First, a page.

Fighting the U-boats
Armstrong Whitworth Whitley
prepared by Emmanuel Gustin
The Armstrong Whitworth A.W.38 Whitley was designed to specification B.3/34 for a heavy night bomber. The Whitley was a curious mix of the new and the old. It was a all-metal stressed-skin monoplane with retractable landing gear. But its wing was characteristic of older designs: Large, very thick, and set at a high angle of incidence to keep landing speed low. This resulted in a marked nose-down attitude in level flight. The fuselage was long and box-like, with flat sides, but narrow. Gun turrets were installed in the nose and the tail. A bomb-aiming station was under the nose turret. The low-set tailplane carried two fins, attached to the tailplane at half-span and strut-braced. Two bomb bays were in the fuselage; more bombs could be carried in the thick wing.
The pedestrian nature of the Whitley's design becomes obvious when one compares it with the Dornier Do 17, which flew in 1934, with the Lockheed model 10 Electra, or with the Bristol Blenheim, which flew one month later than the Whitley. Performance was unspectacular and controls were heavy. However, take-off and landing were easy, a feature that was important for night operations, and the Whitley was sturdy.
The Whitley was ordered "off the drawing board" in August 1935, because the RAF urgently needed something to replace the Handley Page Heyford and Fairey Hendon. The first flight of a Whitley was made on 17 March 1937. Delivery of production aircraft began in the beginning of the following year, and by March No.10 squadron began to receive its aircraft. These were Mk.Is, powered by 795hp Armstrong Siddeley Tiger IX radial engines, and armed only with a single Vickers K gun in both nose and tail turret. It was followed by the Mk.II, with 920hp Tiger VIII engines and dihedral on the outer wing panels. On the Mk.III a retractable ventral turret was added, and the bomb racks were modified, so that heavier bombs could be loaded.
In August 1939 deliveries switched to the much better Mk.IV, with Rolls-Royce Merlin engines (the 1030hp Merlin IV, or the 1145hp Merlin X on the Mk.IVA) and a powered two-gun tail gun turret. The definitive bomber model was the Mk.V. This model had a slightly longer nose, tailfins with straight instead of rounded edges, wing de-icing equipment, constant-speed propellers, a Fraser-Nash tail turret with four .303 Brownings, and more fuel. Of the total production of 1737, 1466 where Mk.Vs. Production of the Mk.V ended in June 1943.
When war broke out, Bomber Command had six Whitley squadrons, in No.4 Group. On 3 September, they took off to drop leaflets over Germany. At that time, there was great reluctance to bomb possible civilian targets, also because of fear of German counter-attacks. These missions encountered little opposition, but failed to generate any enthusiasm in Bomber Command crews. Even the propaganda value of the early, crude leaflets was poor. On 19 March 1940, Whitleys dropped bombs in anger. The target was the seaplane base on the island Sylt. Unfortunately, the bombers hit the neutral Danish island Bornholm! The Whitley was making the way for the offensive of Bomber Command, gaining valuable experience --- and one lesson was that navigation over enemy territory at night was very difficult.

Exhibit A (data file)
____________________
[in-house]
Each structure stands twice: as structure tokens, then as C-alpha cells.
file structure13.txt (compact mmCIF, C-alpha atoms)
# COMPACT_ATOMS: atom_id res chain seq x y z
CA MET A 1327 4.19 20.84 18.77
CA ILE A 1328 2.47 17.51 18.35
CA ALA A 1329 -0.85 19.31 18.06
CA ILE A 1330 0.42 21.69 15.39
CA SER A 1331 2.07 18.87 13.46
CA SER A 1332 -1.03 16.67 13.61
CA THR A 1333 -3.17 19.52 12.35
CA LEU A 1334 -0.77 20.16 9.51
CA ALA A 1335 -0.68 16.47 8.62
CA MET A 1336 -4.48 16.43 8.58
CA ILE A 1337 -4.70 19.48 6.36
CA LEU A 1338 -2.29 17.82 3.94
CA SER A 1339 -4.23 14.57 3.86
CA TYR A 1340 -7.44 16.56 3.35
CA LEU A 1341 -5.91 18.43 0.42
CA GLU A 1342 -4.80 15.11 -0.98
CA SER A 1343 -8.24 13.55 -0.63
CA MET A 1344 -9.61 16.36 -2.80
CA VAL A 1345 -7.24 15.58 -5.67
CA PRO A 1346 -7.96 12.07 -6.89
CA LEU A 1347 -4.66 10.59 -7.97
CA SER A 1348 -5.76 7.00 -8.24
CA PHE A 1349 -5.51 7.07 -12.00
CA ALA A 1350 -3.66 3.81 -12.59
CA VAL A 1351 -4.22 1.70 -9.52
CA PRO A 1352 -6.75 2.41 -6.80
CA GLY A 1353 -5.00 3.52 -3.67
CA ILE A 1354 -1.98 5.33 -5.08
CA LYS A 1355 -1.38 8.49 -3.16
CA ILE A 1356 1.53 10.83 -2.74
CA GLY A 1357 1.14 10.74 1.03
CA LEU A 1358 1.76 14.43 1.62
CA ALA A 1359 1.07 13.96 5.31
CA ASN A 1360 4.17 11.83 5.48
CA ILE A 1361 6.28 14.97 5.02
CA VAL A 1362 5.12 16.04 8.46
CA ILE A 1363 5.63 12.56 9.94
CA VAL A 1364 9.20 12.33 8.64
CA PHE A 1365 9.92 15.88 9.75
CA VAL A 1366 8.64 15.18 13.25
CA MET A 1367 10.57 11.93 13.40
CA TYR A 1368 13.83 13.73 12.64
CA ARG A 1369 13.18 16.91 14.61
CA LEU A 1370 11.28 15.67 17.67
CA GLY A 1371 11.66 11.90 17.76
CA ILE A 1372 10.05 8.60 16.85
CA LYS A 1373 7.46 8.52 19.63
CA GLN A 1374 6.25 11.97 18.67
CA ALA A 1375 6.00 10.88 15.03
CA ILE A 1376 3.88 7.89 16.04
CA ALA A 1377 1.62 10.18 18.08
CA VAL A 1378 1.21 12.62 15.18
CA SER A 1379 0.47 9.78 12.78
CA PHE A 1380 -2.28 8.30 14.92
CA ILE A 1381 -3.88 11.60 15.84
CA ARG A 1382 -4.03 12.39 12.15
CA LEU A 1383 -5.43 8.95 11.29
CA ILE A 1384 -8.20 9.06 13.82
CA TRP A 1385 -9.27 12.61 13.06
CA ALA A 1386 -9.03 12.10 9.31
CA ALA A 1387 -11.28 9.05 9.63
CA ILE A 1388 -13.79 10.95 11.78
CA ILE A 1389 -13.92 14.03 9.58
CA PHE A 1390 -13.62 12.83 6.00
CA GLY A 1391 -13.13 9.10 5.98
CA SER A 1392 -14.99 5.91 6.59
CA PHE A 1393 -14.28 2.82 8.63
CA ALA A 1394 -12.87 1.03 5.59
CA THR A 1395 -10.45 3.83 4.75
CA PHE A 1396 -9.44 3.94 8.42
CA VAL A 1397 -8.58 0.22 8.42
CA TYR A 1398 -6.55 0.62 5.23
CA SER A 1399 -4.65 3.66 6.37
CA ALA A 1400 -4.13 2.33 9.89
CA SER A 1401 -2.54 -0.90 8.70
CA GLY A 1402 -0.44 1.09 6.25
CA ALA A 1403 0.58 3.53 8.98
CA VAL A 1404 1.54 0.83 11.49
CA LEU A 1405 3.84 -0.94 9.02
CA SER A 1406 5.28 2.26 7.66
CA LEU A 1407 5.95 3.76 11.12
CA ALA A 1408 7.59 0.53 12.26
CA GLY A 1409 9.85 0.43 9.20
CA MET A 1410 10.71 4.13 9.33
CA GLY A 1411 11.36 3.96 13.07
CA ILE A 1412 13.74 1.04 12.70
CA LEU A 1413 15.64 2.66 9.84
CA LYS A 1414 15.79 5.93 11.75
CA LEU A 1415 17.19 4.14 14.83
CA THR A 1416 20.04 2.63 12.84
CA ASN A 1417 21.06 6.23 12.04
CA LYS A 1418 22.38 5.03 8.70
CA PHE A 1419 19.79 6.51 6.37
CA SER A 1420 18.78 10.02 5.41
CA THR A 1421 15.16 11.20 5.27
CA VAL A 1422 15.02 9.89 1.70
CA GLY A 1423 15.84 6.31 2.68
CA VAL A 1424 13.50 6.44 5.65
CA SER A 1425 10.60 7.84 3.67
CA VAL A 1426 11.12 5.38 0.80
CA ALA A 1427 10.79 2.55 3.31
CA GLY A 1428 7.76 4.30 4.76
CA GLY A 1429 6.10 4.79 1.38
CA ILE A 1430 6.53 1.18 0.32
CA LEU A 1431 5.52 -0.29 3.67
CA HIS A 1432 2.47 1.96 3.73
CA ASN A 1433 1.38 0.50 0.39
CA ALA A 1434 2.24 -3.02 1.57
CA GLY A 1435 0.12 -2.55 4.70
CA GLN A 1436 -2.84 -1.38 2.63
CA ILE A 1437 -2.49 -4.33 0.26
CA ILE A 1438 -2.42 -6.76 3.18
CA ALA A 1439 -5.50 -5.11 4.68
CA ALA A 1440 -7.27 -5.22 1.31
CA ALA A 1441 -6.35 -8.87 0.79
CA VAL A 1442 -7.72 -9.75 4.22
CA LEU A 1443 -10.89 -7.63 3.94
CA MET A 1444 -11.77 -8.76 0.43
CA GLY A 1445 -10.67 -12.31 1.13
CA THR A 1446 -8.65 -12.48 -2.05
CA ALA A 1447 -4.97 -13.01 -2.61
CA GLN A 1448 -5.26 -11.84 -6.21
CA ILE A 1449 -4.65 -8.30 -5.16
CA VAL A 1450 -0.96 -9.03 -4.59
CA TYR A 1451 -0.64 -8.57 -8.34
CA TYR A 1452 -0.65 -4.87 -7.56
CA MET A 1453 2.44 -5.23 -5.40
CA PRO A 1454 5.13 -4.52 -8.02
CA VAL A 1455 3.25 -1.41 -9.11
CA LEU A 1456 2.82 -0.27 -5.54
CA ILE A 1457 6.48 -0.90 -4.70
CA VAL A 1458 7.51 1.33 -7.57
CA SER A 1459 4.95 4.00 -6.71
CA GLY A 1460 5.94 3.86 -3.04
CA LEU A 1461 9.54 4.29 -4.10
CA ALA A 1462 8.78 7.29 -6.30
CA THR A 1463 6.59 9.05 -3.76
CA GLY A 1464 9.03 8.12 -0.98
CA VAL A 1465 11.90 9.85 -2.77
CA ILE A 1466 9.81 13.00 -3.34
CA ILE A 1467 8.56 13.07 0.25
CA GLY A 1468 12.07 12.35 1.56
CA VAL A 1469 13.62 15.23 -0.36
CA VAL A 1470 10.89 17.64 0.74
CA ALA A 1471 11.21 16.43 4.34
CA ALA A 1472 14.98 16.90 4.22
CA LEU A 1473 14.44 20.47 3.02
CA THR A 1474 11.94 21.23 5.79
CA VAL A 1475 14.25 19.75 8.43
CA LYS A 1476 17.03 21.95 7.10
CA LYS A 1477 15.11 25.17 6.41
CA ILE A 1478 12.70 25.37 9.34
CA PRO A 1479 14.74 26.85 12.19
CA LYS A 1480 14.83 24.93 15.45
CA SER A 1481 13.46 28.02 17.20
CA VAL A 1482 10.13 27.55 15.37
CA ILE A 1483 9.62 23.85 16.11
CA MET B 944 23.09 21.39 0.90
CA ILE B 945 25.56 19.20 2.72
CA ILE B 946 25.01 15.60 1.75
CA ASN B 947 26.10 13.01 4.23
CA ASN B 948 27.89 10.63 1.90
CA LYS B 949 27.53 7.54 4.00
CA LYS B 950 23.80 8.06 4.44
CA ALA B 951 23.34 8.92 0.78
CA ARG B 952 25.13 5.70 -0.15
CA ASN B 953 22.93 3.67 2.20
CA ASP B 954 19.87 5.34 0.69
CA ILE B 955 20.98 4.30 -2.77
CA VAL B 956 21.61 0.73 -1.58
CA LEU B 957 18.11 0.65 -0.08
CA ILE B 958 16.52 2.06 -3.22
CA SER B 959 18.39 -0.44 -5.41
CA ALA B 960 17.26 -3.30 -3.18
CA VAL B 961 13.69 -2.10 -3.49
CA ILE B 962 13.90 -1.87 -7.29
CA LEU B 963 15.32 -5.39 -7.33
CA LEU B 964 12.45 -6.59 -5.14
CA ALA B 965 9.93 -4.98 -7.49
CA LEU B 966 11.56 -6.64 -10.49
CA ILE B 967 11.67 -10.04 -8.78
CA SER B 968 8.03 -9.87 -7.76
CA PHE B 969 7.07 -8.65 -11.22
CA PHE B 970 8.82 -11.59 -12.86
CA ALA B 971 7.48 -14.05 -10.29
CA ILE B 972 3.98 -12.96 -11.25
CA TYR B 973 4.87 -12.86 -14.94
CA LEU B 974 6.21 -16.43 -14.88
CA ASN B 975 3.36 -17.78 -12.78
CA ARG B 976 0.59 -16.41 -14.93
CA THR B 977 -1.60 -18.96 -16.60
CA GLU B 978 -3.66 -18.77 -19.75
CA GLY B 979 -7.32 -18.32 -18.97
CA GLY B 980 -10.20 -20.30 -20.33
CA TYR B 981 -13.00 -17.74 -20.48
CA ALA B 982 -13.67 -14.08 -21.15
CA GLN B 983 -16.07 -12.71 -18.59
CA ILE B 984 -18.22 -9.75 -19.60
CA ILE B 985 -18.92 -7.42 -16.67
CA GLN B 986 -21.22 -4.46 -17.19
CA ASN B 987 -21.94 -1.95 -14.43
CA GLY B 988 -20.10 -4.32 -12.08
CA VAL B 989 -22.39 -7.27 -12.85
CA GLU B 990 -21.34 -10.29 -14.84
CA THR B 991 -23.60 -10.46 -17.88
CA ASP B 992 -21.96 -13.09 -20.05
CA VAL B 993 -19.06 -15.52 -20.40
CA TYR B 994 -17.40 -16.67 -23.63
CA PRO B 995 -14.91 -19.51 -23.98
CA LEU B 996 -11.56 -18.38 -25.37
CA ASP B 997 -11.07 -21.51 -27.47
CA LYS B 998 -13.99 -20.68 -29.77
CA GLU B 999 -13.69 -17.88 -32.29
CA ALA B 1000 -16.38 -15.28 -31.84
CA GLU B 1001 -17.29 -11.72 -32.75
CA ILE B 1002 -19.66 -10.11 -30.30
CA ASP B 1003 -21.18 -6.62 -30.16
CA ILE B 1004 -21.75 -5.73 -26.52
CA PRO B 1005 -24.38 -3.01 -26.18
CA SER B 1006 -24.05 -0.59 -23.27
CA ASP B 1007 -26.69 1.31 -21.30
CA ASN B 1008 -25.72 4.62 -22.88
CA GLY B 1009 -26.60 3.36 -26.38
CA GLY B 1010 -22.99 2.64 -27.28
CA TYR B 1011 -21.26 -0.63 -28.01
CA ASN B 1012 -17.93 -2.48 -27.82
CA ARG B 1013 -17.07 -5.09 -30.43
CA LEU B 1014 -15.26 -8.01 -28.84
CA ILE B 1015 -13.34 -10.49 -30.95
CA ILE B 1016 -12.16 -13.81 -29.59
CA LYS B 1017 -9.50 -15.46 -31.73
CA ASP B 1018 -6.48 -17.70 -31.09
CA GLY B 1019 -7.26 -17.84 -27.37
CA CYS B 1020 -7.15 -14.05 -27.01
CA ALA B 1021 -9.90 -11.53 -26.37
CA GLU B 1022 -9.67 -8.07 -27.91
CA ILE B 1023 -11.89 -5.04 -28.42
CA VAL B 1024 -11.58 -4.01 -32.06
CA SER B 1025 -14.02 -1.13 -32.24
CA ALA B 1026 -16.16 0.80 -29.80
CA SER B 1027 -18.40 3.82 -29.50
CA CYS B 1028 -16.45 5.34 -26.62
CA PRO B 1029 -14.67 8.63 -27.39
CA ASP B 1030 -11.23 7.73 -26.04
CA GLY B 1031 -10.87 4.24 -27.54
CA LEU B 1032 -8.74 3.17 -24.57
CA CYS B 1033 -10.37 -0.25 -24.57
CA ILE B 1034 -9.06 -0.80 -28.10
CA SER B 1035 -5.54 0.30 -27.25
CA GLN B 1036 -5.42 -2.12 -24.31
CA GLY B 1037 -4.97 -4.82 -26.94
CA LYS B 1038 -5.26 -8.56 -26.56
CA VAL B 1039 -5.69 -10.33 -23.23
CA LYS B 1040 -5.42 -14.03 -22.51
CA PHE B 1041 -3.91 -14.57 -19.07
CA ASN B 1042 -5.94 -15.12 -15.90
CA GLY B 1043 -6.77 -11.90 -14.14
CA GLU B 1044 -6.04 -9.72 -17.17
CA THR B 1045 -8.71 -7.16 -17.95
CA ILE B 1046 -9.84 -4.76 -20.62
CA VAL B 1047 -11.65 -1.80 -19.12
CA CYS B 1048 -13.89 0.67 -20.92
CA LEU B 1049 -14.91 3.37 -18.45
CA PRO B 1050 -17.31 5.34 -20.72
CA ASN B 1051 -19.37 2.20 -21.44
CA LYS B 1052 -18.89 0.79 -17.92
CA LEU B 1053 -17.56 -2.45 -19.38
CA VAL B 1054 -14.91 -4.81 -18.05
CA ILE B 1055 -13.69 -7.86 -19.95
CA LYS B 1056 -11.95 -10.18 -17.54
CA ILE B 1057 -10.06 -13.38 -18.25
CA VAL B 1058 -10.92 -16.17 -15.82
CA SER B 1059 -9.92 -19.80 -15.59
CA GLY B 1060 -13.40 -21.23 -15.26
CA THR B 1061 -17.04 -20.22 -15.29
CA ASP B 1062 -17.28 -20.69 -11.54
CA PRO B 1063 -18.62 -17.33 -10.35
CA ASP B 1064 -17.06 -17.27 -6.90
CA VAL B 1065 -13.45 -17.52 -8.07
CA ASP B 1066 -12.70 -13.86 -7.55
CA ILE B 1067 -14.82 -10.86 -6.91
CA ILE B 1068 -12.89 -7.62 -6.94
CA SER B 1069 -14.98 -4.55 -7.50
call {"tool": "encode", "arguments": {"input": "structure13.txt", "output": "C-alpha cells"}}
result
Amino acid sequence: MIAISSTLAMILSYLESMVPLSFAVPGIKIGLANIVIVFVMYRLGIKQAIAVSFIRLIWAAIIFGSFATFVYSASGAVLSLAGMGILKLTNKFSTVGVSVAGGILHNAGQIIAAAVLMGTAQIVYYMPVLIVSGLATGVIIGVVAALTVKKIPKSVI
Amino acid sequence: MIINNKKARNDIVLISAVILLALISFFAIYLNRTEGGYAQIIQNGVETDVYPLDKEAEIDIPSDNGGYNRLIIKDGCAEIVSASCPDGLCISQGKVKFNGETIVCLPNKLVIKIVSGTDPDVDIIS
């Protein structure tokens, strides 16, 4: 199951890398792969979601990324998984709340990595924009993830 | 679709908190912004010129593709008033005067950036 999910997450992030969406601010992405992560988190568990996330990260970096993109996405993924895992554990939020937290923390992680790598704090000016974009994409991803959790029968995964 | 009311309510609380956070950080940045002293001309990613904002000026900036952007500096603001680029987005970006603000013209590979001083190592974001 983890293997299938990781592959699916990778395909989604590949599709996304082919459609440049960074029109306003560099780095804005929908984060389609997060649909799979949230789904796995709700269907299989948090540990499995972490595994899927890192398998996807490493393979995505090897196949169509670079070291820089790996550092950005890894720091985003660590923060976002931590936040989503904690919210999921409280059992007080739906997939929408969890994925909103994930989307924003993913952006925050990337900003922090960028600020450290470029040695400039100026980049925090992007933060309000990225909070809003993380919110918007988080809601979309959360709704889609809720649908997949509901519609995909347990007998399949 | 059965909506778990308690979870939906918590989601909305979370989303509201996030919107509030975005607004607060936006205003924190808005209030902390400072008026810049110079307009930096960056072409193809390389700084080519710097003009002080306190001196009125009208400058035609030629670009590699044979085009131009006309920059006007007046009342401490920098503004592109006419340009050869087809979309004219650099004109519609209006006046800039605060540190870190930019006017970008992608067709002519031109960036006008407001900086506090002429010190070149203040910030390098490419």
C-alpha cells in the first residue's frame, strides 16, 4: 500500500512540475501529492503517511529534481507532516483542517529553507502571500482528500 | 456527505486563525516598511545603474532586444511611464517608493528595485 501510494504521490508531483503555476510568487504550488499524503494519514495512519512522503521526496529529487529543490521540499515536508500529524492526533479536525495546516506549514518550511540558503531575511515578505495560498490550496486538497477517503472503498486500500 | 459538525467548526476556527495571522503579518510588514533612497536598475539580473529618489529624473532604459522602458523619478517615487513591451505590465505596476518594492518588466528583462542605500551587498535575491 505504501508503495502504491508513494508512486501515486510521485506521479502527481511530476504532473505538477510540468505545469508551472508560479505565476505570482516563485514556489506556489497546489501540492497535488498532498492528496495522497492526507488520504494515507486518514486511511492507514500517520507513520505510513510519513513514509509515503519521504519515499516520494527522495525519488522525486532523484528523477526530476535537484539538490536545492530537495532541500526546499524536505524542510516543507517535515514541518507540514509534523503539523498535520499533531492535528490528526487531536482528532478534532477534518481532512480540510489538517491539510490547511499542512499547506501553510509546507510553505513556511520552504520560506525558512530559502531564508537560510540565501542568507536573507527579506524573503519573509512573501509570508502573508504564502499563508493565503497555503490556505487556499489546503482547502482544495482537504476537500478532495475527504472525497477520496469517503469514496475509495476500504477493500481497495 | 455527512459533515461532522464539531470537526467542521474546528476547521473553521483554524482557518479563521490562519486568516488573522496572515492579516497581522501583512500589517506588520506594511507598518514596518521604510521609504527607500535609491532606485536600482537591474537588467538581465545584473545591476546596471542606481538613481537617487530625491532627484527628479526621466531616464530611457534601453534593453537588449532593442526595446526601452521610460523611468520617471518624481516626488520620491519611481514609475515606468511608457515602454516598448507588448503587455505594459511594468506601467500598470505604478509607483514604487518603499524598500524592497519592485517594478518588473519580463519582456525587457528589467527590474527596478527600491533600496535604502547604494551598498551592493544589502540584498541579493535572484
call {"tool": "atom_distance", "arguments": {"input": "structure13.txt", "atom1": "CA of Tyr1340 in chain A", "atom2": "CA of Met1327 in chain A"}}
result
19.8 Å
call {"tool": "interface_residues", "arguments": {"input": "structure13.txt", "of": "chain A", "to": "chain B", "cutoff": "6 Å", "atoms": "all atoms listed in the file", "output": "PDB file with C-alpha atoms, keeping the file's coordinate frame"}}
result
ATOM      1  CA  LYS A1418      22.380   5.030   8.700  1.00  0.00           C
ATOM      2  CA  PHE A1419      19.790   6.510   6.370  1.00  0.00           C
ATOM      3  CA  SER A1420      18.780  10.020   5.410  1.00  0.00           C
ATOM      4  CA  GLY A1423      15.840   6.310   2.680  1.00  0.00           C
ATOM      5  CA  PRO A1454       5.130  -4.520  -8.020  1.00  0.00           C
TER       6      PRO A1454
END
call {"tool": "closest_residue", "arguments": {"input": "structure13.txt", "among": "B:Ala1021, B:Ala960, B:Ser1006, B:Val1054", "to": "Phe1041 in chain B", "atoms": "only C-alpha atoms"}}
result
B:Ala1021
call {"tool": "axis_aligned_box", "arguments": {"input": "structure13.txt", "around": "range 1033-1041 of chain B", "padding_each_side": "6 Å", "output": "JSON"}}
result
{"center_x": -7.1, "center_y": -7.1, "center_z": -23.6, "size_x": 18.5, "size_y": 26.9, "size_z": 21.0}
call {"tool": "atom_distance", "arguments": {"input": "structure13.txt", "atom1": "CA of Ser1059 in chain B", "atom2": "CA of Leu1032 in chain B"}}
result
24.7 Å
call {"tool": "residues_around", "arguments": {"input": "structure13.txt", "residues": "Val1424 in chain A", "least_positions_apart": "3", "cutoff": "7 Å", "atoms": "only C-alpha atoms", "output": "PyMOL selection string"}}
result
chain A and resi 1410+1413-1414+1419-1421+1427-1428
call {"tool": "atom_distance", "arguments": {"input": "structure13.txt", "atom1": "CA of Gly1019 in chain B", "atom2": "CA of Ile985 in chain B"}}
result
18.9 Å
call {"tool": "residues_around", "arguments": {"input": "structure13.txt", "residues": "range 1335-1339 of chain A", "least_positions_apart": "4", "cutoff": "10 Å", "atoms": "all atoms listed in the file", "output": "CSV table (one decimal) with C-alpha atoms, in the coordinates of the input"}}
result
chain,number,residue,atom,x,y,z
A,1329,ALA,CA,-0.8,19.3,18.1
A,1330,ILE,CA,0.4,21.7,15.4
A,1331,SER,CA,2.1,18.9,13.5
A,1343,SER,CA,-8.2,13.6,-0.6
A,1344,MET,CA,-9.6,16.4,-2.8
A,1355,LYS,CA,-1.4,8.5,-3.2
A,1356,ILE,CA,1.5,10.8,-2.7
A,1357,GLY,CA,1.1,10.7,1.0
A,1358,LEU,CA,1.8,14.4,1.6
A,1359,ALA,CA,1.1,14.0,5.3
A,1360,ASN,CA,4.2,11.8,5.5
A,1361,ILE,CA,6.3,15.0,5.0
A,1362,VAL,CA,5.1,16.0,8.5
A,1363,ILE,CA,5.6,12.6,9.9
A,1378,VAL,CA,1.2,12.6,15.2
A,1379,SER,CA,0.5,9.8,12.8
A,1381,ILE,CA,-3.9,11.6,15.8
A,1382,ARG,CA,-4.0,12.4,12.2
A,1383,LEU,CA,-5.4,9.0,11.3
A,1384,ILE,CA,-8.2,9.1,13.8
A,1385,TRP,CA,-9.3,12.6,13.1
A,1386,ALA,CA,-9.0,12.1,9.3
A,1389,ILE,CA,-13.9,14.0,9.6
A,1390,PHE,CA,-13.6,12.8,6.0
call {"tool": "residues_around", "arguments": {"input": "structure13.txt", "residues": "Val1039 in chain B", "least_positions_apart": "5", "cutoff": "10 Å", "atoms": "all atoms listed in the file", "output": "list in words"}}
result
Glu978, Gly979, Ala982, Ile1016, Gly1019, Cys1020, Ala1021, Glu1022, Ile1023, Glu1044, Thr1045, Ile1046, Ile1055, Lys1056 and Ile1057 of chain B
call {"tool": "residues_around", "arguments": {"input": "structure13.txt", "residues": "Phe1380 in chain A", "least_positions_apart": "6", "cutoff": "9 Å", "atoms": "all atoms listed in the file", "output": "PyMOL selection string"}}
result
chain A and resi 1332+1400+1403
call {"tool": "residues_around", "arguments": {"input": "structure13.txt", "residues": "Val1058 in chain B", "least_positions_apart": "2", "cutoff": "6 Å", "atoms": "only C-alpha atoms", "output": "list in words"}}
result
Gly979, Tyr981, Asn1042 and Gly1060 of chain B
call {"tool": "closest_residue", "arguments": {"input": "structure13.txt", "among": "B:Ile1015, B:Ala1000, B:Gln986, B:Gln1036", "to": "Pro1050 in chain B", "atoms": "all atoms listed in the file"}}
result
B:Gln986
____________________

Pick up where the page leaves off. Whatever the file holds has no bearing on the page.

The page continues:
From April 1942, the Whitley was retired as first-line bomber. It continued to serve as glider tug, paratroop trainer, transport, or radio countermeasures aircraft. It also played an important role in Coastal Command. That association had begun in September 1939, when No.58 squadron, with its standard bombers, was transferred to meet the desperate need for a more effective aircraft than the Avro Anson. In the autumn of 1940 more Whitleys became available.
But it was late in 1941 before the Whitley GR Mk.VII appeared, a dedicated patrol aircraft. It carried more fuel, but the big change was the installation of ASV Mk.II radar. The Whitley with its long slab-sided fuselage was ideal for the dipole arrays of Long-Range ASV, which were installed on the sides and on top of the fuselage. The first experimental LRASV installation had actually been made on a Whitley, J-DY, late in 1939. With a navigator and a radar operator added, the crew was increased to six. 146 Mk.VIIs were built, and they equipped four squadrons of Coastal Command.
In November 1941 a Whitley sank U-206 in the Bay of Biscay, after codebreakers had revealed the submarine's approximate position. It was the first success of ASV Mk.II. But even in Coastal Command the Whitley was quickly overshadowed by more capable aircraft.
U-boats sunk by this aircraft type (Whitley)
Whitley B Mk.V
Crew of four
Two 1145hp Rolls-Royce Merlin X engines
Wing span, 25.6m, length 21.5m, height 4.57m.
Empty weight 8768kg, max take-off weight 15196kg.
Maximum speed 357km/h, cruising about 297km/h.
Range 2650km with 1360kg, 756km with 3175kg.
Armament: One .303 Vickers K gun in the nose turret, four .303 Browning guns in the tail turret, up to 3175kg of bombs.